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Thread: Intrest in new ISA cards?

  1. #11

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    Quote Originally Posted by Stone View Post
    There are DOS drivers for the ordinary PCI USB ports.
    Rather useless in 8088 or 286 PCs...

  2. #12

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    As far as tandy graphics go, since I plan to use an FPGA, I should technically be able to emulate any video card you want. However, I'm not sure how Tandy graphics work, or if they are even compatible with the ISA bus. I'm not really educated in that area.

    For the USB card, I was thinking that it might present itself to DOS as something like a zip drive. It is always assigned a drive letter, but if you try to access it when you don't have a flash drive in it, it just returns a "drive not ready" message.

  3. #13
    Join Date
    Apr 2018
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    Los Angeles, CA
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    Quote Originally Posted by Xacalite View Post
    Rather useless in 8088 or 286 PCs...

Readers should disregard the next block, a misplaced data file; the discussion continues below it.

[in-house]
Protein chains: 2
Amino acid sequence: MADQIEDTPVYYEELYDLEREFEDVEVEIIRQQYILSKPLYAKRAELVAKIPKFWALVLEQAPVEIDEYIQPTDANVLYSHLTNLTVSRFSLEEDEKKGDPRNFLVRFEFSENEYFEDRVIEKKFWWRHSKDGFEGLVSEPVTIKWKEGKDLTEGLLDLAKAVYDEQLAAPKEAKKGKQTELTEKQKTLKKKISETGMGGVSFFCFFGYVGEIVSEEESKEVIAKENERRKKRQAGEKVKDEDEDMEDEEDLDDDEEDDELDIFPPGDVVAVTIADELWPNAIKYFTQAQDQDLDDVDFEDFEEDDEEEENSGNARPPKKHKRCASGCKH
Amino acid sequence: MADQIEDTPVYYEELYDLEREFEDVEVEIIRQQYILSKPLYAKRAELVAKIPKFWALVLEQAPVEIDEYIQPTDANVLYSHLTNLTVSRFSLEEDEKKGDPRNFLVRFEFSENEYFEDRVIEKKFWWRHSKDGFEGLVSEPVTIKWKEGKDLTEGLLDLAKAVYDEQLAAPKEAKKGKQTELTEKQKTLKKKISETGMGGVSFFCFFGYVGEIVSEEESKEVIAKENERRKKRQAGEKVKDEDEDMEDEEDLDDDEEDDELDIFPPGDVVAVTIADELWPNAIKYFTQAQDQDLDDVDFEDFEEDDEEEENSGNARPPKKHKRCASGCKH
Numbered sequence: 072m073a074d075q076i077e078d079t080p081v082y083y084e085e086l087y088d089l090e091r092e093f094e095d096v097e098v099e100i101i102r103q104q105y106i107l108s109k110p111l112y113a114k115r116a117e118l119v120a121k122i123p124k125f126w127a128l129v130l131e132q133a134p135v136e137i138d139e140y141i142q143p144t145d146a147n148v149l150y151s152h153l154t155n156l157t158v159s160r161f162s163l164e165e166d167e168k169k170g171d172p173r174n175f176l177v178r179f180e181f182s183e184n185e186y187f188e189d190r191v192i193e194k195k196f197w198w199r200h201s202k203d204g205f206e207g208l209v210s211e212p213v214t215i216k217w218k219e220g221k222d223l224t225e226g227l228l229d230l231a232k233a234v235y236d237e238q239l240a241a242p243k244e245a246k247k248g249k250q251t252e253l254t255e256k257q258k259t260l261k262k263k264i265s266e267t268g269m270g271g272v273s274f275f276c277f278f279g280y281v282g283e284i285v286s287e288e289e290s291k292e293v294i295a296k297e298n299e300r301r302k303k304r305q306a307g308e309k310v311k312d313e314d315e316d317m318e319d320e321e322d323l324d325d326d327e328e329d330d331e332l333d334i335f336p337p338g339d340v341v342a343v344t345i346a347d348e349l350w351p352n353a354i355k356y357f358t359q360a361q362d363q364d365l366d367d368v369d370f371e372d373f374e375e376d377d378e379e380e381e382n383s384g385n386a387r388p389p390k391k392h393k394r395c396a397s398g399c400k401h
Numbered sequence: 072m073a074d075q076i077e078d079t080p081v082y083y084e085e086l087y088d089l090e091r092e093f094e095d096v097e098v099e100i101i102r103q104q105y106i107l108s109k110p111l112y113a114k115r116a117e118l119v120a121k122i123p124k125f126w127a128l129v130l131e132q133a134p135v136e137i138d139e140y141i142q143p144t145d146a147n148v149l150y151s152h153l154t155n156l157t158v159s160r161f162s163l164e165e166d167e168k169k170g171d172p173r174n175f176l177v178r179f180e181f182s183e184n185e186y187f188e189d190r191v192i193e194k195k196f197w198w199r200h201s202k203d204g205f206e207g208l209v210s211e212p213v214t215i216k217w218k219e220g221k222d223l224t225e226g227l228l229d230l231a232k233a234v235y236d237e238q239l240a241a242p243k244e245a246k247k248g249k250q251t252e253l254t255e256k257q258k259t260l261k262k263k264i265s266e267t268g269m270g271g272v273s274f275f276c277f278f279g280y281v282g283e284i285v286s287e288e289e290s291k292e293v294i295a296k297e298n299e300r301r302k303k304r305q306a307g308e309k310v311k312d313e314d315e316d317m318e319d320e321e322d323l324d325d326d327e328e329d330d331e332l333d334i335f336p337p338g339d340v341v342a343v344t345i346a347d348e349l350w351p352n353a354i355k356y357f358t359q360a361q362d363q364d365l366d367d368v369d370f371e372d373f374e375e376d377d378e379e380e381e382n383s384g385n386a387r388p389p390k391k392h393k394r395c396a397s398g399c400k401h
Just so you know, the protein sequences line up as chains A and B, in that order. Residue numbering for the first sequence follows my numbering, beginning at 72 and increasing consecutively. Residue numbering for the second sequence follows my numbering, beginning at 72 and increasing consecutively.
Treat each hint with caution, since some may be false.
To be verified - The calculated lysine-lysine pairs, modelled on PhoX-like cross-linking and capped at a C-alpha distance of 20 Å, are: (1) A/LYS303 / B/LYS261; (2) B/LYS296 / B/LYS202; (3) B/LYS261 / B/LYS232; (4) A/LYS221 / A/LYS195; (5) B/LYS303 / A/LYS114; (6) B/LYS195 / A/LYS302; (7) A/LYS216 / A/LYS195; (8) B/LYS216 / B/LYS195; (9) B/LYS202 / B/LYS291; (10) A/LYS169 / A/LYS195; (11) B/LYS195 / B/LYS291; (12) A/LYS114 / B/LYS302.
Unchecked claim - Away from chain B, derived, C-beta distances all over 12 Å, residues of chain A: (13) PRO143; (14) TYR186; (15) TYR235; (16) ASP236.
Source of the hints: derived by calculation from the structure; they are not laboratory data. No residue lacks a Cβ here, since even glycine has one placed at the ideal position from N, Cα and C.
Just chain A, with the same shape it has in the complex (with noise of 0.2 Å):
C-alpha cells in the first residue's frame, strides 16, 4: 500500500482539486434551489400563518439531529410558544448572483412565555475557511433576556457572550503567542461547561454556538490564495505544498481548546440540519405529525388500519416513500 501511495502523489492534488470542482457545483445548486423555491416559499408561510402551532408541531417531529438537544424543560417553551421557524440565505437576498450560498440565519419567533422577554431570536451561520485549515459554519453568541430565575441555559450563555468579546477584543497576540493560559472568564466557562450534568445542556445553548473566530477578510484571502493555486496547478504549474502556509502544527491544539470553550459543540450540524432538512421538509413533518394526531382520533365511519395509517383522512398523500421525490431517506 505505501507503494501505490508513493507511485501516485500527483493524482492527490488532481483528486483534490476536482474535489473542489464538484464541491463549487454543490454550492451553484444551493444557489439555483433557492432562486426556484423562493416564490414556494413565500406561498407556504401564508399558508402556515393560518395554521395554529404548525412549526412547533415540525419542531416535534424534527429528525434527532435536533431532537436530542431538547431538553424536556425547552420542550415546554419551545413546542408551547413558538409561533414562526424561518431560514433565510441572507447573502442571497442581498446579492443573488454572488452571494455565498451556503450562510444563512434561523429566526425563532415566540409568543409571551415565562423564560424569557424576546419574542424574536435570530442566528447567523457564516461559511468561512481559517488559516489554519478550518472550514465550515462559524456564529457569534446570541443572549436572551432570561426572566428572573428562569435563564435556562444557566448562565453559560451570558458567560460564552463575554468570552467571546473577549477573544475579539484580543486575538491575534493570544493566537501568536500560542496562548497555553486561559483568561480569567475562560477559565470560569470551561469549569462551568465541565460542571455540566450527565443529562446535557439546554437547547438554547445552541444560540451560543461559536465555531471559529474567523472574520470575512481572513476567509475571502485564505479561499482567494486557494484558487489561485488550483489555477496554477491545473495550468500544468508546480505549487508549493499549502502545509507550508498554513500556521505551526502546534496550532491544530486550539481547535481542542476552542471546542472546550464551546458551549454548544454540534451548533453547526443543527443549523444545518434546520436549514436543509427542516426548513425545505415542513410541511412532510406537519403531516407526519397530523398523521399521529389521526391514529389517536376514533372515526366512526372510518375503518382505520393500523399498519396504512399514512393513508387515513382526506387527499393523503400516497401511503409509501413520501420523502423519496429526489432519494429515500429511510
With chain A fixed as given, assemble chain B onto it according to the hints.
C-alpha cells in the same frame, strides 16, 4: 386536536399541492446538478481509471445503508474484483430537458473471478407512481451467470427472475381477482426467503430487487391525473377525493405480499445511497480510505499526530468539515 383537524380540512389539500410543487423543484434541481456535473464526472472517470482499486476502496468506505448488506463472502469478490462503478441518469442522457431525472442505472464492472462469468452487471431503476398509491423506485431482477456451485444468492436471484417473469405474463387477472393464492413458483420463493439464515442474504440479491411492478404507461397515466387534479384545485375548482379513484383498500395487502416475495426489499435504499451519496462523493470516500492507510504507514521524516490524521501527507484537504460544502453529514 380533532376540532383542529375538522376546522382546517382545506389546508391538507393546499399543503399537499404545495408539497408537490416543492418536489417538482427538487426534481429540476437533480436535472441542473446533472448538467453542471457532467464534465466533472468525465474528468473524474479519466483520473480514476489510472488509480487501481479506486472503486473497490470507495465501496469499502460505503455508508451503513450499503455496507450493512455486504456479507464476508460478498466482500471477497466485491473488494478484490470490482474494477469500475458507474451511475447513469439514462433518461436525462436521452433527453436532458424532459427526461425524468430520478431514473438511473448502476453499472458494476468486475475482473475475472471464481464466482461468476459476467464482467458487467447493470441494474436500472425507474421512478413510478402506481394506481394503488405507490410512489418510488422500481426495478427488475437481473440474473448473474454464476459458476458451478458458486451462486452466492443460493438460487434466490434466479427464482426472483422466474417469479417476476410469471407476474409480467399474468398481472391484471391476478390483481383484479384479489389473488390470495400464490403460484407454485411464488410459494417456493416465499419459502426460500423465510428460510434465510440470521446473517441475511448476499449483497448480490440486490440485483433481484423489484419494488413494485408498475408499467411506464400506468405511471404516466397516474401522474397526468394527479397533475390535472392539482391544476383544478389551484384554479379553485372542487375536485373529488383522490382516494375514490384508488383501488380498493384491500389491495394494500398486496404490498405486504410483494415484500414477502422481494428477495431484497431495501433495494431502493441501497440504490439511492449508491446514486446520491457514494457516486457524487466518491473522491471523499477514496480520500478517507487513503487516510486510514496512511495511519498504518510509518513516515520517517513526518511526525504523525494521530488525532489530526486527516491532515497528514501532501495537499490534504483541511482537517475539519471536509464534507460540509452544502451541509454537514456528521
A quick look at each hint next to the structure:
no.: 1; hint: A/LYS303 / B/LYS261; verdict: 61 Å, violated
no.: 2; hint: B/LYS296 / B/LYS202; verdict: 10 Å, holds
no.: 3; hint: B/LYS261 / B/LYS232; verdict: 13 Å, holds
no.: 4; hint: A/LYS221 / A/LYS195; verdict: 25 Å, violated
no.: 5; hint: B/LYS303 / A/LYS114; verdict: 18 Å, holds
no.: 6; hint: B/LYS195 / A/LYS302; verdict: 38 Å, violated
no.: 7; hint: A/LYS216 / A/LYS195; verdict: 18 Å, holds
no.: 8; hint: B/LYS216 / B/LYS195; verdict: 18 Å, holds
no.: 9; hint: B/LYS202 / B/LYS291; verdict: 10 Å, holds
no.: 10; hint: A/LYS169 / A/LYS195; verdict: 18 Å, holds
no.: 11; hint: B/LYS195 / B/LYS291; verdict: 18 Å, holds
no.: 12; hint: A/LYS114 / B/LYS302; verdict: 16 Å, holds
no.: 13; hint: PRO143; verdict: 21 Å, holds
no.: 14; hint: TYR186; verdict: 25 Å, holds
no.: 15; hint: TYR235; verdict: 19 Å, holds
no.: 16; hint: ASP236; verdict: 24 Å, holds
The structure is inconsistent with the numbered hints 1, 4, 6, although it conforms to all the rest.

Yeah, any computer I have that has PCI also supports windows.
    -- Brian

    Systems: Amstad PCW 8256, Apple IIe/II+/GS/Mac+/Mac 512k, Atari 800/520STFM, Commodore 64/128/Amiga 3000/PET 4032/SX-64, IBM PS/1 2121-B82, Kaypro II, Osborne 1, Tandy 1000 SX, TI-99/4A, Timex Sinclair 1000, TRS-80 Color Computer 3/Model 4 GA

  4. #14

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    If anyone were going to make an FPGA-based ISA video card, my suggestions for extra modes / support would be:
    • Hercules InColor - since you'd be outputting to a colour display you might as well emulate the InColor rather than a mono Herc. As far as I know it's fully back-compatible.
    • Wyse 700 - 1280x800 resolution and a choice of two 16x16 fonts in text mode.

  5. #15
    Join Date
    Mar 2011
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    Atlanta, GA, USA
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    I've had the idea of a modern ISA video card before and gave some serious thought and research to it. I don't have time to be a primary on such a project, but I am up to contribute if you get serious about it. Some things to consider:

    - Please use proper level translation on the ISA bus. There are a lot of ways to bridge 3.3V and 5V including quick-switches and PCI clamp diodes built into some devices. However the best method by far for signal integrity is dual voltage rail '245 type directional buffers. I've tried just about every method and the ghosts in the machine will drive you crazy.